When the Solicitor General Changes His Position “Upon Further Reflection”
Yesterday, Adam Liptak wrote about how the Biden Administration may reverse positions taken by the Trump Administration:
Chief Justice John G. Roberts Jr. was annoyed. “The position that the United States is advancing today is different from the position that the United States previously advanced,” he told a lawyer in the solicitor general’s office, the elite unit of the Justice Department that represents the federal government in the Supreme Court. The Obama administration had filed a brief disavowing a position taken by its predecessor, saying it was the product of “further reflection.” “That is not the reason,” Chief Justice Roberts said. “It wasn’t further reflection.” The new position, he said, was prompted by a change in administrations. The rebuke was in 2012, but its memory lingers in the solicitor general’s office, where the Biden administration will soon have to decide whether to disavow positions taken by its predecessor in major cases, including ones on health care and voting. In an office that prizes its reputation for credibility, consistency and independence, solicitors general of both parties have said they are wary of veering from positions staked out by their predecessors.
Adam wrote a very similar column for years ago, about how the Trump administration may reverse positions of the Obama administration. He cited my then-draft article, titled Presidential Maladministration.
In a new law review article, Josh Blackman, a professor at South Texas College of Law, considered earlier changes in the government’s legal positions, finding them “increasingly problematic.”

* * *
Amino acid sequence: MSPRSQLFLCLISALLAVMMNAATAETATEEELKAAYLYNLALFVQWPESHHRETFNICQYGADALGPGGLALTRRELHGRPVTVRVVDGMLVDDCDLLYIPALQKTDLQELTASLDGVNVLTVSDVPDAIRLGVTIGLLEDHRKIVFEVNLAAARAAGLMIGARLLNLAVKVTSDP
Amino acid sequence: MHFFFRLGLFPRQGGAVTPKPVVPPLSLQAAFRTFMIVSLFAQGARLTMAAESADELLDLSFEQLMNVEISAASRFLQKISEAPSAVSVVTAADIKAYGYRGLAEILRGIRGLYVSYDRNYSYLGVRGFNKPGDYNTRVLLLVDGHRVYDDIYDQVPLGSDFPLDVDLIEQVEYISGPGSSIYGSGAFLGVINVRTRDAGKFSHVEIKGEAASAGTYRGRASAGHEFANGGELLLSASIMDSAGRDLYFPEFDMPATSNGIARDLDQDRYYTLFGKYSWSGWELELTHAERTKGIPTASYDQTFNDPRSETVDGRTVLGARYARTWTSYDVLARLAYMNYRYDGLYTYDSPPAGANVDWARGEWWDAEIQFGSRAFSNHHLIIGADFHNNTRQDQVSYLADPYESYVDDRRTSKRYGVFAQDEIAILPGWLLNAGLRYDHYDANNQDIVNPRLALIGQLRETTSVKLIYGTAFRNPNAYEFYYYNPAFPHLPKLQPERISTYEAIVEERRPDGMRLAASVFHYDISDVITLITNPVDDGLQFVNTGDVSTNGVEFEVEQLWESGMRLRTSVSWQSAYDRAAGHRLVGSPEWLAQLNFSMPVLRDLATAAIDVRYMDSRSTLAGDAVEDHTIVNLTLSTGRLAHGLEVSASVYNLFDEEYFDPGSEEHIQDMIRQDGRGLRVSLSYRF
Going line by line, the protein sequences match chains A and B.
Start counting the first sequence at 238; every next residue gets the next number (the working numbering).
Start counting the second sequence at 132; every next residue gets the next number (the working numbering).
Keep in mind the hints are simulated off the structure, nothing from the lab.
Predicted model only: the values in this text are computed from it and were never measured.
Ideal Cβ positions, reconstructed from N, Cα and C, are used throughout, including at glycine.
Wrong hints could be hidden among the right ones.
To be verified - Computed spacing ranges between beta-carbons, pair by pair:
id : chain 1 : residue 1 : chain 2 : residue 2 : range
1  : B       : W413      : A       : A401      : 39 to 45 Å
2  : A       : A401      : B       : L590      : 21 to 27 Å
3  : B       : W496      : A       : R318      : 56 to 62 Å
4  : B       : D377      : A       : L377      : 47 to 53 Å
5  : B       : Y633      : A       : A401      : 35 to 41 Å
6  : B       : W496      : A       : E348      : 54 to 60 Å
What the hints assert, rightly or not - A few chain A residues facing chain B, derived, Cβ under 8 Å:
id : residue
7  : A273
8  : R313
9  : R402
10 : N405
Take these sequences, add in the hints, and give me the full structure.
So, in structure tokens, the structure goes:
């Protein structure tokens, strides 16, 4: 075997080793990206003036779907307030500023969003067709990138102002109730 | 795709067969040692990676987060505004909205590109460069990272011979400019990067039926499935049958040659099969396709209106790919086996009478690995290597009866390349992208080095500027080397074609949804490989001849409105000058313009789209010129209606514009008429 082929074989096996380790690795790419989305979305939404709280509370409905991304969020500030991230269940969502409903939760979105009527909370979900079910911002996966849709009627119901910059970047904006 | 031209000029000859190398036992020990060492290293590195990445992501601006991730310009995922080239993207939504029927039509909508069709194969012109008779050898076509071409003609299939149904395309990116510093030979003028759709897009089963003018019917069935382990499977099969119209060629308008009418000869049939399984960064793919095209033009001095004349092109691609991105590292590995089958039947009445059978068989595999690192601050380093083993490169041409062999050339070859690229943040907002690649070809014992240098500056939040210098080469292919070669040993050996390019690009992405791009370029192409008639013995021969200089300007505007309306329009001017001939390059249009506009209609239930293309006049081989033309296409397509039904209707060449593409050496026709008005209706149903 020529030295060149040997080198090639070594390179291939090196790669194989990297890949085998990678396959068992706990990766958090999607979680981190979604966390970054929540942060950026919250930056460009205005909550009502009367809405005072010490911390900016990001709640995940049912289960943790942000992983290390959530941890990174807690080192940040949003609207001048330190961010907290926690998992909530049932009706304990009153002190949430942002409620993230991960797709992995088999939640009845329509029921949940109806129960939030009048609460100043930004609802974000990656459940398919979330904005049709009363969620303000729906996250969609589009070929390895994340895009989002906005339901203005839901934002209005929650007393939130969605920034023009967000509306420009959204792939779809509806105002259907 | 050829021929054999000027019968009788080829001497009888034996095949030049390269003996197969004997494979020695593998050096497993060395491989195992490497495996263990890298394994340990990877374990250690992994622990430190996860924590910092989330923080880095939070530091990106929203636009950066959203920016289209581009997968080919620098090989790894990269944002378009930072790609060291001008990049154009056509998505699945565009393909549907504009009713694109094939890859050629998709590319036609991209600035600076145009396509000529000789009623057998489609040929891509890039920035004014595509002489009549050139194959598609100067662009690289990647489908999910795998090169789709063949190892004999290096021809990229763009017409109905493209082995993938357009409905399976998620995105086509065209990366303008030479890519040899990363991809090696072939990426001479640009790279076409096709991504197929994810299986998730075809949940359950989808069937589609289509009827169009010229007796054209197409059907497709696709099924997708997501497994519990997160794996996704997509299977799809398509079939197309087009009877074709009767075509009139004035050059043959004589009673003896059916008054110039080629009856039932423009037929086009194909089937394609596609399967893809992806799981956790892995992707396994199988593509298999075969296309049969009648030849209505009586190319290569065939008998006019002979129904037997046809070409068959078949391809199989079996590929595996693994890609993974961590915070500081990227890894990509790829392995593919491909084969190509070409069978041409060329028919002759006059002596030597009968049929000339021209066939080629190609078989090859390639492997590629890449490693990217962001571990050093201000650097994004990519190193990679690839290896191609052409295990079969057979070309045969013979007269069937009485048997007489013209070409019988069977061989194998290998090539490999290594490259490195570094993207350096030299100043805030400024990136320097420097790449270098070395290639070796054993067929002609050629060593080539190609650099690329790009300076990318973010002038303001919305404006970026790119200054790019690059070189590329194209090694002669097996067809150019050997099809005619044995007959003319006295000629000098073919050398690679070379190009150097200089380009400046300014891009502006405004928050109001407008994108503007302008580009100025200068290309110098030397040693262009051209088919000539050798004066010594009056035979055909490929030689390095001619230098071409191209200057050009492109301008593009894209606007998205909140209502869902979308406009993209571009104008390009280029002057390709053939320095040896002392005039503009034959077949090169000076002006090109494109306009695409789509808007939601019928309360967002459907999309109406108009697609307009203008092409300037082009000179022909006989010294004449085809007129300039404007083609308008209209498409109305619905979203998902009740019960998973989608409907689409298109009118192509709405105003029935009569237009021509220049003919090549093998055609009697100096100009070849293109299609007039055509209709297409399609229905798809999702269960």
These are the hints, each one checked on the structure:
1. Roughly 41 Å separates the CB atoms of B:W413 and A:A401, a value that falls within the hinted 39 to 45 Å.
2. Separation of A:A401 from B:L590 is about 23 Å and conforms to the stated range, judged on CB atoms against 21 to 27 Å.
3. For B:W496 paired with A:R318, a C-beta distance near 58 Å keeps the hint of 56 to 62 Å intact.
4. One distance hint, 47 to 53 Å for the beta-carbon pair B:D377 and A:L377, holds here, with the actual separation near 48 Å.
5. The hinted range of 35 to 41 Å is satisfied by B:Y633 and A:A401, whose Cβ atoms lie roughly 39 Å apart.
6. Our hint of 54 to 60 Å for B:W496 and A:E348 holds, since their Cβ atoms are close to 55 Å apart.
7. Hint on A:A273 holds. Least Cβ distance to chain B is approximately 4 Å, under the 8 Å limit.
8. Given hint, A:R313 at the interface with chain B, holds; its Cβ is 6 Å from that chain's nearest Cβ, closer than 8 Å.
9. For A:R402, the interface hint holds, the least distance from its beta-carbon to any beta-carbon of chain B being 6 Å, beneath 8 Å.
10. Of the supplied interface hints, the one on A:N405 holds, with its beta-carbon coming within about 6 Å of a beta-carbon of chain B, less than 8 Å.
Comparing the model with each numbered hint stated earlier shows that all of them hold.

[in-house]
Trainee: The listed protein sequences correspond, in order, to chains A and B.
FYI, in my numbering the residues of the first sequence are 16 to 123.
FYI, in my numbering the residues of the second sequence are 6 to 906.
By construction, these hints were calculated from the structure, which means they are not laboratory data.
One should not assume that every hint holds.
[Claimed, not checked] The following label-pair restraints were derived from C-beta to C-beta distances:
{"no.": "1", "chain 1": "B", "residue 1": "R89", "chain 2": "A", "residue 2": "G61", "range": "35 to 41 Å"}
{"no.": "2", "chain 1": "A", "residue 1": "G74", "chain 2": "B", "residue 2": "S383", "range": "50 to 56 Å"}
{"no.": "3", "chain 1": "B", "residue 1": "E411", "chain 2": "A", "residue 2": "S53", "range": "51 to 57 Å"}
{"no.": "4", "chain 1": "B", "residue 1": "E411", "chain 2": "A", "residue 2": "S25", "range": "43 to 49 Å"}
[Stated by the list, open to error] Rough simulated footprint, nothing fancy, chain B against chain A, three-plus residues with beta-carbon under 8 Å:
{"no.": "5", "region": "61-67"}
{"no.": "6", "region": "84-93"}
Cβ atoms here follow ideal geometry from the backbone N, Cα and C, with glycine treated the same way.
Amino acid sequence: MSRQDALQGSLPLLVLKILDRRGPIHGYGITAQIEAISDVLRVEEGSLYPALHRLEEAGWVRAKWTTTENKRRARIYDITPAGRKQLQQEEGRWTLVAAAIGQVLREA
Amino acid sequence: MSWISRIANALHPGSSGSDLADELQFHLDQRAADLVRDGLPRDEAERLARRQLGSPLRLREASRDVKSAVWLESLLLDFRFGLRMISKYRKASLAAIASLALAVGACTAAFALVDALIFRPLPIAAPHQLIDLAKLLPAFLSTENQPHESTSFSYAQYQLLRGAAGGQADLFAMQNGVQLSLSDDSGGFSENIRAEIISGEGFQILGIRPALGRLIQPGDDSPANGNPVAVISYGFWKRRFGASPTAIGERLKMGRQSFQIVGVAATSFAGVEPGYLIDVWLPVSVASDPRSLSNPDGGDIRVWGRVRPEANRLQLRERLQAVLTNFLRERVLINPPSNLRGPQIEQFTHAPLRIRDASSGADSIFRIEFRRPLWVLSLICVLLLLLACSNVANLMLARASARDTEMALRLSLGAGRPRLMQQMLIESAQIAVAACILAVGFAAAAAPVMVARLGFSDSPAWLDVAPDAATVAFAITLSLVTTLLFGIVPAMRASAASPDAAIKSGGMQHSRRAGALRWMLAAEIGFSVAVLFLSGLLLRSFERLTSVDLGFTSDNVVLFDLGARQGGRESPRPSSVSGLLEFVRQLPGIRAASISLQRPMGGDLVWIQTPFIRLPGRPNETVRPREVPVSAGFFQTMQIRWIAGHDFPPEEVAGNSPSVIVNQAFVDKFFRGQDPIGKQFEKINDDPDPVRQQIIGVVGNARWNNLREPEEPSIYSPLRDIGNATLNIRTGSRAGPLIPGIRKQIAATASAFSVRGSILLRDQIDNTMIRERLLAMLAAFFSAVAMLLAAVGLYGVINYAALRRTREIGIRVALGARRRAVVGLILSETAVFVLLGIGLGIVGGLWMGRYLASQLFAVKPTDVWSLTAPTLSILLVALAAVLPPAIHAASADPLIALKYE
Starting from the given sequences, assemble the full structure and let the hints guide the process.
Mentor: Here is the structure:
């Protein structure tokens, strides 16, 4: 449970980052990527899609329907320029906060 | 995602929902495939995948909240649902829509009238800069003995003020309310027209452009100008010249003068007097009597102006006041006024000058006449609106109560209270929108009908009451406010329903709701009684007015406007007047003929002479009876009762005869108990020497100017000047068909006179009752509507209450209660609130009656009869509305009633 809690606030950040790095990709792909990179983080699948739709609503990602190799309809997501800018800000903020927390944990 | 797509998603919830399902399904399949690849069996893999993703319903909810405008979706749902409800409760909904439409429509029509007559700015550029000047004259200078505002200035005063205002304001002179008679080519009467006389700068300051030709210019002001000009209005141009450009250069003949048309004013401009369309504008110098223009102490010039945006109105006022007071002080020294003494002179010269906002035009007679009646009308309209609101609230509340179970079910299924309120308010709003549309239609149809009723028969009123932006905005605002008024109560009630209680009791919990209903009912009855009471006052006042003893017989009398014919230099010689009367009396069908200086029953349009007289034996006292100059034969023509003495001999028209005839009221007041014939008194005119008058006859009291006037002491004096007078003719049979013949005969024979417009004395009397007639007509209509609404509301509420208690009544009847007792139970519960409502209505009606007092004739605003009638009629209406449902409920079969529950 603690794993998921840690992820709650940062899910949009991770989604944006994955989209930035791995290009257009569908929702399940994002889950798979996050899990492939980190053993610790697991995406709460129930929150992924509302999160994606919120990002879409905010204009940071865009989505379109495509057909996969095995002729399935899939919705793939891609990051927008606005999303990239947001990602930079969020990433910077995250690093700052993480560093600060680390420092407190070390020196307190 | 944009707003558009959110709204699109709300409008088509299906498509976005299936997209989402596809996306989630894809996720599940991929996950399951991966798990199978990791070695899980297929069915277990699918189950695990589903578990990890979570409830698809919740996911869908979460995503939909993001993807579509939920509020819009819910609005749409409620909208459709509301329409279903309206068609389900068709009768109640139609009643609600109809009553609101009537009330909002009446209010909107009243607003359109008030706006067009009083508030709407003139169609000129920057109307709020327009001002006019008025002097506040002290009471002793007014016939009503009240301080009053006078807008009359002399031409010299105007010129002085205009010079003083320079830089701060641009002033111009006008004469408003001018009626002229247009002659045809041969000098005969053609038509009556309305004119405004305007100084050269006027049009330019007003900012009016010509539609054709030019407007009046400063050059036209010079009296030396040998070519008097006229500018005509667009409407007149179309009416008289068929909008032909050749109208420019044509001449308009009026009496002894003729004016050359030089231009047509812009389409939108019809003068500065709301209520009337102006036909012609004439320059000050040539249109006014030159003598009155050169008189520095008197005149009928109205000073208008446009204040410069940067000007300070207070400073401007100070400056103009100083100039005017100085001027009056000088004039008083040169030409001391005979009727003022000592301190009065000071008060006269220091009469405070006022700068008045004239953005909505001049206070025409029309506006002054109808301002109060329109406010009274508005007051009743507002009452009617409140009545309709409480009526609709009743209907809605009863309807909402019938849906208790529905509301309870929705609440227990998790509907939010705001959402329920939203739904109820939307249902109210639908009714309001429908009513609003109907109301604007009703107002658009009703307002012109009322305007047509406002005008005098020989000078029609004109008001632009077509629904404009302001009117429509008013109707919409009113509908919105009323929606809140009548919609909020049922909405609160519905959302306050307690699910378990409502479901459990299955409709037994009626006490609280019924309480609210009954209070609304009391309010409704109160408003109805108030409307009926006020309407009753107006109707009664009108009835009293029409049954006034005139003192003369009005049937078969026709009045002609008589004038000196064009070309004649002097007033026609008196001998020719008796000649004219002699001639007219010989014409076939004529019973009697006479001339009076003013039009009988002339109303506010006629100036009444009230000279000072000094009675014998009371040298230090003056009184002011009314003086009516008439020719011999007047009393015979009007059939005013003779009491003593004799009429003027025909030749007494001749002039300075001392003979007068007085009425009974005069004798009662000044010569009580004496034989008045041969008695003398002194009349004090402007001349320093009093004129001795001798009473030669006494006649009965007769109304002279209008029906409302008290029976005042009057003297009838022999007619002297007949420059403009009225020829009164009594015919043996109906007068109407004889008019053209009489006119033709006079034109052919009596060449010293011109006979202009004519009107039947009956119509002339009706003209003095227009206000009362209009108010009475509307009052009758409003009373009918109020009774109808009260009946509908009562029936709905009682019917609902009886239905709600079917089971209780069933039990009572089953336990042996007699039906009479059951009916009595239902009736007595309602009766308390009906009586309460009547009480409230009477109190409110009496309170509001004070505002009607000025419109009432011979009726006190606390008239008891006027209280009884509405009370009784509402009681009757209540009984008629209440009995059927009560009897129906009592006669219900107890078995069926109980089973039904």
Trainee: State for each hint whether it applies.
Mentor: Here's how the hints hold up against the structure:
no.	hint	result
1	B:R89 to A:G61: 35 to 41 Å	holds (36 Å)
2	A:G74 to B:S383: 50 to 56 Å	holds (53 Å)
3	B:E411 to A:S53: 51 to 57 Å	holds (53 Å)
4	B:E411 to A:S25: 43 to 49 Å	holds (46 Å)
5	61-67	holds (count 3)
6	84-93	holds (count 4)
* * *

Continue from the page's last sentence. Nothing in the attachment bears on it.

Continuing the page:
On the one hand, he wrote, elections have consequences.
“There is nothing nefarious when a new administration disagrees with a previous administration,” he wrote. “Indeed, it is quite natural that presidents see things differently. The only question that remains is how should courts treat this reversal.”
If two administrations manage to read the same federal statutes in opposite ways, he wrote, something may be amiss.
“Where an incoming administration reverses a previous administration’s interpretation of statute simply because a new sheriff is in town,” he wrote, “courts should verify if the statute bears such a fluid construction.”
In that article, I tracked many of the instances where the Solicitor General has changed position “upon further reflection.” Here is an excerpt that discusses reversals in three cases: Kiobel v. Royal Dutch Petroleum, Levin v. United States, and US Airways v. McCutchen:
I was not able to locate any usages of the phrase “further reflection” from the Solicitors General in the Bush, Clinton, or Bush Administrations. For three cases argued during the October 2012 Term, however, the Obama Administration engaged in some deep reflection. In Kiobel v. Royal Dutch Petroleum, a group of Nigerian nationals living in the United States brought suit “alleging that the corporation [defendant] aided and abetted the Nigerian Government in committing violations of the law of nations in Nigeria.”89 . . .
After the change in administration, however, that position flipped. In his Kiobel brief, Solicit
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